Leading a workshop:
- introduce yourself and your professional background
- introduce the aim and the process of the workshop (especially for first time ELAG participants)
- let the participants quickly introduce themselves, talk about their organisation and what they hope to get out of the workshop : this allows you to tailor the workshop to the specific needs of attendees, and also lets participants get a sense of other workshop members
- be flexible in adjusting your workshop according to the number and profile of the participants
- give clear instructions and timeframes
- allow sufficient time for discussion and for preparing outputs
Workshop leaders are expected to attend the conference and pay for their own travel, accommodation, and registration fees. As a workshop leader you take on a considerable responsibility, but one that we hope will bring benefit and opportunity to your organisation as well. In addition to having you and your organisation promoted, the workshop itself presents a valuable chance for you to share your expertise in a very focused and in-depth way and discuss the topic you feel passionate about.
Final day presentation
On the final day, each workshop is presented to other ELAG participants. It is preferred that one or more participants (and not the leader) prepare and present the report. The presentations should therefore not be a tutorial but a report on what the group has been working on during the sessions, what topics were discussed and what were the main concerns, what was the general profile of participants, and what recommendations to the community arouse from the group.
Guidelines for workshop participants
Before the workshop:
- read all the information provided by the leader in order to get familiar with the topics
- if the leader contacts you, answer him/her with useful information as it will help prepare a better workshop
- the leader is not the one who knows the most about the topic, he is there to manage the group, so prepare to be active and participate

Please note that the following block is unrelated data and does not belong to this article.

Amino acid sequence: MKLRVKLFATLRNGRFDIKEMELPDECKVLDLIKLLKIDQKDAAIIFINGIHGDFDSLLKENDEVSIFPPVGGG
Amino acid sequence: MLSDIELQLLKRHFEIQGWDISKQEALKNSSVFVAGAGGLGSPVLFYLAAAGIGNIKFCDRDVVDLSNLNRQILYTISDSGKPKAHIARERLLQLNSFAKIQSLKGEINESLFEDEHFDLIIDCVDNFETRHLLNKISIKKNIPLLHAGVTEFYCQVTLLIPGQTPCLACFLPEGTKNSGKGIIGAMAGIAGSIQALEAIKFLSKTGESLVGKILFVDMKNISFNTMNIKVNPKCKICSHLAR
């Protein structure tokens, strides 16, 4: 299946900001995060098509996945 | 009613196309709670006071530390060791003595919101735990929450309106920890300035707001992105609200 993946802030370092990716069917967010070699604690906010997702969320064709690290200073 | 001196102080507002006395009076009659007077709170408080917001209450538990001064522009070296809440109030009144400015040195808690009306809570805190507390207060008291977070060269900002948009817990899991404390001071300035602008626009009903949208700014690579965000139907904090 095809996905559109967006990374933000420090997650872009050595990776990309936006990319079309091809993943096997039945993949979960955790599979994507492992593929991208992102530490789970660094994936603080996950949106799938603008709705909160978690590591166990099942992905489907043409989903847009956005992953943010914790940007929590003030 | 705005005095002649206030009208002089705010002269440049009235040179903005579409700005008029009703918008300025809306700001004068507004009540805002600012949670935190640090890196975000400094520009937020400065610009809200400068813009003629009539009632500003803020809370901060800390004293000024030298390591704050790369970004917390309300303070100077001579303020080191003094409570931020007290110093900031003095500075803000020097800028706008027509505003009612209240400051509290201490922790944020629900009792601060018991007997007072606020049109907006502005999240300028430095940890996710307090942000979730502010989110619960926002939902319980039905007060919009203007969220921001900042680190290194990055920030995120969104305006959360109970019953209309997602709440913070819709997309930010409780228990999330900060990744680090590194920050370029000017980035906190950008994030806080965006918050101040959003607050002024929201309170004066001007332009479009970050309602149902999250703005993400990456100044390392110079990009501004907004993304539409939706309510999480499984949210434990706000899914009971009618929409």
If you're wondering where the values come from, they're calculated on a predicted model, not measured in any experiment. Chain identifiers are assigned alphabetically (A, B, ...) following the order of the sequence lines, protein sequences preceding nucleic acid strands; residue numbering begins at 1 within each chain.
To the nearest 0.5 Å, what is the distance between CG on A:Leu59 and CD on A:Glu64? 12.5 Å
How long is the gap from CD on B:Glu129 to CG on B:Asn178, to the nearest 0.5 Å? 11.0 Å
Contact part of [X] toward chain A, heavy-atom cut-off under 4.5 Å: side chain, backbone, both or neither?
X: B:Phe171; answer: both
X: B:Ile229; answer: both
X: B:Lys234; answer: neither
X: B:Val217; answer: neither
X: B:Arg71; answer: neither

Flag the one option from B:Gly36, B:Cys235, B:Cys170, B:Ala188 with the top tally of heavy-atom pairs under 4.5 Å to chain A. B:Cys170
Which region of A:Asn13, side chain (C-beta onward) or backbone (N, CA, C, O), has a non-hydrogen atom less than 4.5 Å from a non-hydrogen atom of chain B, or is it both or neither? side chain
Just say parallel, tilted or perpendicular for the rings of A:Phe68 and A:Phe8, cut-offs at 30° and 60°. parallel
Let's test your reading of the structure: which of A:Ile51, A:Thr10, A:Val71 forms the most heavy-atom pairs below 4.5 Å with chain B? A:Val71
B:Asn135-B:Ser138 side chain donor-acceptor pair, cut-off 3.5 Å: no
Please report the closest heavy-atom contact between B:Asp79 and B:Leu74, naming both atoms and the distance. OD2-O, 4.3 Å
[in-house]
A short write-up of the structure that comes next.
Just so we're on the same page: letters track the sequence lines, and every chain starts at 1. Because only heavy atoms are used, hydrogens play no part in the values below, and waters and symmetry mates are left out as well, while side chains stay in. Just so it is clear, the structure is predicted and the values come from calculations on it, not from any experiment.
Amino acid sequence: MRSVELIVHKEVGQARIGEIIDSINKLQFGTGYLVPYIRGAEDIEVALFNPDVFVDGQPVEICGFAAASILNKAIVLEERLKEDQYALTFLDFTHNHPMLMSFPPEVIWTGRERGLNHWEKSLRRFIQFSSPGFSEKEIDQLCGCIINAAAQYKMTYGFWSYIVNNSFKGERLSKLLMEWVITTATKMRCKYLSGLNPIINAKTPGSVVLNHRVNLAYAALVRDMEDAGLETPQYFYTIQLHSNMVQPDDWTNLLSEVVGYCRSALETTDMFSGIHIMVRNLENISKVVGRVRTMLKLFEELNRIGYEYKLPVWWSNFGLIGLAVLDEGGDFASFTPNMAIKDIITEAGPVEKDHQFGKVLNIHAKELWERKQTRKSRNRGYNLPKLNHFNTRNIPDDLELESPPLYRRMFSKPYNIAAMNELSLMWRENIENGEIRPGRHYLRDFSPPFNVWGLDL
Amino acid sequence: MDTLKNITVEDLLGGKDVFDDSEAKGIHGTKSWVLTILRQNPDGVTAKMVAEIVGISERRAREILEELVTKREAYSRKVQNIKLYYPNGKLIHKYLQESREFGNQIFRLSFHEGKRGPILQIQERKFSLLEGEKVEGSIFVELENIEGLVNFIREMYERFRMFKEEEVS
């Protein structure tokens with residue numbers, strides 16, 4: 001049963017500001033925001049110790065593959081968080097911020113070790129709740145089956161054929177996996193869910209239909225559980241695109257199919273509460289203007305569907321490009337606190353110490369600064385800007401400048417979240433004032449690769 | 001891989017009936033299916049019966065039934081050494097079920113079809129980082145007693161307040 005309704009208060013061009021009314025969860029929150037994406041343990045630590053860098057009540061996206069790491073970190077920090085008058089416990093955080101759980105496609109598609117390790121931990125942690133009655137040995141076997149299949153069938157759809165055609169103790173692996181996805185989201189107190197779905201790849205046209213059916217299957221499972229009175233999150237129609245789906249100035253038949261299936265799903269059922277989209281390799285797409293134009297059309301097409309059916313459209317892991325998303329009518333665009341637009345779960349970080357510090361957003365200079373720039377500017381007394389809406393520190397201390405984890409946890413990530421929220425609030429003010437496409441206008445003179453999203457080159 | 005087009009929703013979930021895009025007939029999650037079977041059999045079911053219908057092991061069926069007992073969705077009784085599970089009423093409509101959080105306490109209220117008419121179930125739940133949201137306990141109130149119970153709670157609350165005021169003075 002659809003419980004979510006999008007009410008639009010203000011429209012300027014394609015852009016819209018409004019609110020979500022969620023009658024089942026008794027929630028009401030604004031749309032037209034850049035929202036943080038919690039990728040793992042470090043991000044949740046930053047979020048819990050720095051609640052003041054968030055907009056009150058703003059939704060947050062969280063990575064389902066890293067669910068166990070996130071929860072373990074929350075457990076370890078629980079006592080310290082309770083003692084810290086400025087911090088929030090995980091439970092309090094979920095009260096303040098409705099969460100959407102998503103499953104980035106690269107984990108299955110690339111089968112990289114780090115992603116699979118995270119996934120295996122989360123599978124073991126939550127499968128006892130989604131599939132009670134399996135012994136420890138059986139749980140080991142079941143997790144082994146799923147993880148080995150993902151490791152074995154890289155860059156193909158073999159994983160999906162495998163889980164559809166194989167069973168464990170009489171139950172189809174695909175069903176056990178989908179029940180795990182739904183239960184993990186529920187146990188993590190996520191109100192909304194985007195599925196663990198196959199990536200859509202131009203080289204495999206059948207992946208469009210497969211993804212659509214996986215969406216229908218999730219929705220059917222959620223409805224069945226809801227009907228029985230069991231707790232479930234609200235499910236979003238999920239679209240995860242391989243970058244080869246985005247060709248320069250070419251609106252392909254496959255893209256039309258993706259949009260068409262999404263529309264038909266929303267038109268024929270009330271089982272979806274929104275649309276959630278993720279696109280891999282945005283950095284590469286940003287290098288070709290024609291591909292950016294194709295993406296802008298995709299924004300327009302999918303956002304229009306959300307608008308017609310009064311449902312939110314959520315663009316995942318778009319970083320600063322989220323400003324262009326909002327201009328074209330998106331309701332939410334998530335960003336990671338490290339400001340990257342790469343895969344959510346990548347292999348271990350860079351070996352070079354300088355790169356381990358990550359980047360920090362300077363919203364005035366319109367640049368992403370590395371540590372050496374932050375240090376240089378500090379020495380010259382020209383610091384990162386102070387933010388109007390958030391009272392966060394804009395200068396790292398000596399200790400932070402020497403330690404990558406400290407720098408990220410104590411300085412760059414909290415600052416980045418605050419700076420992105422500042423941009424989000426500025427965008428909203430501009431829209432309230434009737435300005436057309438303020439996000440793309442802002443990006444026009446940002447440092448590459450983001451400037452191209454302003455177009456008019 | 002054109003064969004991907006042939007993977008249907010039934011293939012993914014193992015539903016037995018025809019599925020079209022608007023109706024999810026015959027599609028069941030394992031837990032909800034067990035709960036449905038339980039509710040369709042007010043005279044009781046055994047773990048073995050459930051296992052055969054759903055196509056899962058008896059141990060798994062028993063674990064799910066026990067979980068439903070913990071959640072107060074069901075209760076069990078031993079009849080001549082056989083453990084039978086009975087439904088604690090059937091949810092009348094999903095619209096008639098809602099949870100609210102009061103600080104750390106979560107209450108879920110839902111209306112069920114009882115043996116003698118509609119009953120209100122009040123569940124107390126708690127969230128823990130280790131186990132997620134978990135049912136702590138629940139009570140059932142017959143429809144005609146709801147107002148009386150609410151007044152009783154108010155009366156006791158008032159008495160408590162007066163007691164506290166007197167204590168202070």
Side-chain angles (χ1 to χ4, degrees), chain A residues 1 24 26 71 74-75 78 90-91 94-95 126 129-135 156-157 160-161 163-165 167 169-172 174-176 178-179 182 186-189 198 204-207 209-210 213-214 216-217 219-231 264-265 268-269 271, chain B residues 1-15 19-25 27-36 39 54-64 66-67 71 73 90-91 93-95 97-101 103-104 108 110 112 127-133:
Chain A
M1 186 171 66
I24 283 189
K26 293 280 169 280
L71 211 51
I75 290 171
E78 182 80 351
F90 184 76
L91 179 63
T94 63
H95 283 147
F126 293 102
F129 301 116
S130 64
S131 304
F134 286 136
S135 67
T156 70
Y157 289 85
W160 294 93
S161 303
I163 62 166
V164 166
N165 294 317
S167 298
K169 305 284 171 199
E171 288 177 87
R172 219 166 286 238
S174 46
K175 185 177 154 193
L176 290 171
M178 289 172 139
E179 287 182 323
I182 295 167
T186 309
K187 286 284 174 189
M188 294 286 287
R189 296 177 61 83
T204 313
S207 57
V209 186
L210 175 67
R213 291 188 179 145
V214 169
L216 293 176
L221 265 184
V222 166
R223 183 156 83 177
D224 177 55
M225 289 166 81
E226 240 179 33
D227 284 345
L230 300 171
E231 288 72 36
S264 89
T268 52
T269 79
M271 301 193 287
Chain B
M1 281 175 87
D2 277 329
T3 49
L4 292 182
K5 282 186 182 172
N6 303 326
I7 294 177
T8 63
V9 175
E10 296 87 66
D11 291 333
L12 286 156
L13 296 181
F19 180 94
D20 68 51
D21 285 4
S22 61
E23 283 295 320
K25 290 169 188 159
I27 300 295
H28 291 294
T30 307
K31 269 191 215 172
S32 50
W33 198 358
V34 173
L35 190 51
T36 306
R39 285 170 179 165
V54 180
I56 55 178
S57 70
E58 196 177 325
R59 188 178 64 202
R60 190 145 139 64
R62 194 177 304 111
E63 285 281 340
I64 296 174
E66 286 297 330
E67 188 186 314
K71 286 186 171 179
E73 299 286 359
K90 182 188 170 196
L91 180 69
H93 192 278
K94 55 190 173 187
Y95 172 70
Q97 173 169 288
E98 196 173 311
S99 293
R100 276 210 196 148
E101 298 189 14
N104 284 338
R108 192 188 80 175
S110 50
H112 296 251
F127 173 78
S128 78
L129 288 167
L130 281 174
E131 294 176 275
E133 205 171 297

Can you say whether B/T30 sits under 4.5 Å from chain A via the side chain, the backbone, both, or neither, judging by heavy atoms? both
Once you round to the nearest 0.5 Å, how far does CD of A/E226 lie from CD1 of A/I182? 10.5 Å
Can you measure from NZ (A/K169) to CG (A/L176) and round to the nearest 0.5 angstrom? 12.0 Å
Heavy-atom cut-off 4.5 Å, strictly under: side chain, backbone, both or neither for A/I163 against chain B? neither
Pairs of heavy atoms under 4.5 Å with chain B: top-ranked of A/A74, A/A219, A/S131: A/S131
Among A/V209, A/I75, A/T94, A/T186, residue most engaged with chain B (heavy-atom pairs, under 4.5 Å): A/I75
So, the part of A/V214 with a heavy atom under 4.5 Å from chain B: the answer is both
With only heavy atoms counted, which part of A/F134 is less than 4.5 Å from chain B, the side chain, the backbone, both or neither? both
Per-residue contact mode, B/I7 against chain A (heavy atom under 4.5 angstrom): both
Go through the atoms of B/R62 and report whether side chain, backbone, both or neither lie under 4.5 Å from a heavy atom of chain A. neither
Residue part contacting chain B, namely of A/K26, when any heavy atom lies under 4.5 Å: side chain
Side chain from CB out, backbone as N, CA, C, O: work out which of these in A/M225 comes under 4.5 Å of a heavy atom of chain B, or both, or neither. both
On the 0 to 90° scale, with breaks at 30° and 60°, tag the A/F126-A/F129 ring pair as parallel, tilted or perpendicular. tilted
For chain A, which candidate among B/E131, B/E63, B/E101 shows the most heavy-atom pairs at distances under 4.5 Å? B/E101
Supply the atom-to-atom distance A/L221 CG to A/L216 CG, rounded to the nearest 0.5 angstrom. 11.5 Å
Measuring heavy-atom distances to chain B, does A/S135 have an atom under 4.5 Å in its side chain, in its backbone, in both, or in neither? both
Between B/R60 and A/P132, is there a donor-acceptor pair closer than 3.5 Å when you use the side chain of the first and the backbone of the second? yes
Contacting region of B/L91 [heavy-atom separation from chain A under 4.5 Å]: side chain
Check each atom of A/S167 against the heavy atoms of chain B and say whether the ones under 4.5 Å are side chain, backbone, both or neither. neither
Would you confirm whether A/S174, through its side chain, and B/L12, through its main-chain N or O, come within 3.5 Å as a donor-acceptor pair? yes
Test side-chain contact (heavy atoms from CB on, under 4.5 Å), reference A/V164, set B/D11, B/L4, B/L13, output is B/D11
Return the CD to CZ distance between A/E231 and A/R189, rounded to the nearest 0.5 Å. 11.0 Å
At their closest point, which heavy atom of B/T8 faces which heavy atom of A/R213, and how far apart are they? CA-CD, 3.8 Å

- think what you or your own institution can contribute to the workshop, think especially about the projects or experiences you may have
- prepare examples you want to share with others or comment on
- if possible, look at the other participant’s profiles.
Attending a workshop:
- keep in mind that your participation in the workshop is very important, so get involved in the discussions and ask or explain whatever you think could be useful
- try to help the leader during the workshop.
Pre-conference bootcamps take place the day before the conference proper and typically have a more technical, hands-on focus. They are typically 1/2-day (3 hour) or 1-day (6 hour) sessions with 10-20 people. Participants will bring their laptops, other facilities like Internet access, power cables and other computer support can be made available. Bootcamps are typically centred on tools that are readily available on the Internet as open source or web services. The technical backgrounds of the participants can include a mix of programming, systems and metadata experts.
Guidelines for Bootcamp leaders
Here is an outline of the tasks that you will need to undertake when leading a bootcamp:
- define Bootcamp aims and objectives
- specify the intended audience
- outline the desired outcomes of the Bootcamp
- think about how to make the bootcamp as active and engaging as possible
- prepare a schedule for the Bootcamp
- prepare a description of the Bootcamp and some resources for users to read before coming to the Bootcamp
- communicate with participants prior to the Bootcamp in order to establish relationship and get some useful feedback that will help you better plan your workshop. The conference organisers will provide you with the list of participants who signed up for your workshop approximately two weeks before the conference and give you some basic information about them (job titles and why they have signed up for the Bootcamp)
Example of a typical pre-conference Bootcamp
Title: Searching with SOLR
Name(s): Tanya Mullard and John Giles
Expected time slot: 3 hours
Audience: Systems librarians, systems operators
Expertise: Basic Windows/Linux administration, XML.
Required: local Java JDK 1.5 (or better) installation, SOLR (will be made available), Internet connection Programming experience: Not required.
Short description: We will install a SOLR server, look into data types, indexing, and querying. At the end you will run your own search engine.